Build Better Networks
Christina Fong shares four keys to more expansive and effective professional networking
What’s one of the best things you can do to can enhance your life, your career and your effectiveness as a leader? Network—smarter.
The return of in-person meetings, events and activities after pandemic restrictions means it is time to work those atrophied networking muscles back into shape (or build some new ones).
We asked networking expert Christina Fong to share some of the wisdom she imparts to Foster students. Fong is a teaching professor of management, the William D. Bradford Endowed Professor and a faculty member of the Center for Leadership and Strategic Thinking. She is the former associate dean of inclusion and diversity and current associate dean of undergraduate programs.
Foster Business: Are effective networkers born or made?
Christina Fong: There is some research that indicates that your personality does affect the type of network that you tend to be in. That being said, no matter how introverted or extroverted or selfless or Machiavellian you may be, we all can improve our networking effectiveness.
Okay, then, let’s cut to the chase. What can we do to become more effective networkers?
There are some specific behaviors we can improve upon. I’d categorize them into four actions:
- Meet new people at networking events.
- Diversify your network.
- Expand your conversation topics.
- Follow your passions (or, don’t try to fake it).
Isn’t meeting new people what networking events are for?
You’d be surprised. Researchers who tracked the interactions of people wearing GPS-embedded nametags found that the vast majority of people at networking events and parties tend to talk only to people they already know. To make the most of a networking opportunity, I urge people to push themselves to break out of their circle of friends and acquaintances, and actually meet new people. Introduce yourself to someone you don’t know. Strike up a conversation with a stranger.
What do you mean by “diversifying” your network?
The most effective networkers are those who connect with others who are dissimilar to themselves. As we build our inclusive leadership skills, we want to pay special attention to how we build relationships with those who are different from us.
Changing the way we think about networking—from how to use people to how to help people—is often a first step in becoming a better relational leader.
Effective networkers resist the tendency to connect with those with whom they will agree and see the world similarly; the job of the inclusive leader is to be able to listen, learn from, and work with a greater diversity of contact. This means knowing people in different industries and walks of life, from different demographic backgrounds and of different ages. We especially encourage more senior executives to connect with younger colleagues.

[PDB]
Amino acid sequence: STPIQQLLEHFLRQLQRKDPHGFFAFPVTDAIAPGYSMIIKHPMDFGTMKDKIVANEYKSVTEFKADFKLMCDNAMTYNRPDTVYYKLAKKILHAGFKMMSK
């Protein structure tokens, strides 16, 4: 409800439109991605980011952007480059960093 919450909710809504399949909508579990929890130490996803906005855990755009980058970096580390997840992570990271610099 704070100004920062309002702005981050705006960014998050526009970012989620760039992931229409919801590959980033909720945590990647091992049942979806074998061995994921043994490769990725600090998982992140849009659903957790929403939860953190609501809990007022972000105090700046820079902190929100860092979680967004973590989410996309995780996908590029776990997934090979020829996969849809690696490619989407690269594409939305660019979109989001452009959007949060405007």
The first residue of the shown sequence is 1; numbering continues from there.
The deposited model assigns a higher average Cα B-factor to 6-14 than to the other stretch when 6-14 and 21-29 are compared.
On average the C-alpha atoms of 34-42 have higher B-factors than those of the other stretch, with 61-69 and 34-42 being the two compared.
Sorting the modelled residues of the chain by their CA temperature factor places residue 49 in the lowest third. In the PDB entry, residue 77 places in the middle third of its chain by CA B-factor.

What’s the point of expanding conversation topics? Shouldn’t networking be focused?
We tend to talk about school with our school friends, church with our church friends, and work with our work friends. But the most effective networkers are able to toggle between different domains of conversation with different people. A great example is the Silicon Valley venture capitalist Heidi Roizen who is famous for blurring the lines between personal and professional in her extensive and powerful network.
Passion is great, but don’t we sometimes have to attend events that don’t really excite us?
Maybe, but don’t expect to get much out of them. Many of our students make the mistake of going to events they think they should attend or where high-powered people will be. But we don’t typically make meaningful connections at such events because we appear calculating as opposed to genuinely interested. When you follow your passion, your body language changes. Your enthusiasm and openness is incredibly attractive.
What’s the biggest misconception people have about networking?
That it needs to be self-serving, viewing people as instruments to our own objectives. Francesca Gino calls this “dirty networking,” and her studies show that it makes us feel literally contaminated. It is not sustainable. If you are trying to use your network only to help yourself, you are not going to be as successful as if you use your network to help other people. At Foster we talk a lot about the work of Adam Grant, best-selling author of “Give and Take” (and several other bestsellers). One counterintuitive takeaway from his work: people who spend time giving to others can be more successful, over time, than those who take from their networks or try to broker a fair exchange of giving and taking.
How can you be a giver without being taken advantage of?
As Grant points out, the most successful givers schedule particular times that they dedicate to helping other people. They also develop some particular expertise to offer their network, some added value that complements the expertise of others. Finally, they recognize that helping others—in a controlled and intentional fashion—actually relieves their own stress, and makes them more productive, even during their busiest periods.
How does effective networking lead to more effective leadership?
You can’t be a leader by yourself. The most influential and effective leaders, especially in the long run, are those who build communities in which it’s easy for everyone to help everyone else. Connectors. Catalysts. Changing the way we think about networking—from how to use people to how to help people—is often a first step in becoming a better relational leader.
With some work, this is attainable to any personality type. Many of our students enter the Foster School thinking I can either help myself or others. But the big “aha” moment is that these are not mutually exclusive. Helping others doesn’t mean you’re not helping yourself. Most of the time, our self-interests are aligned with helping others.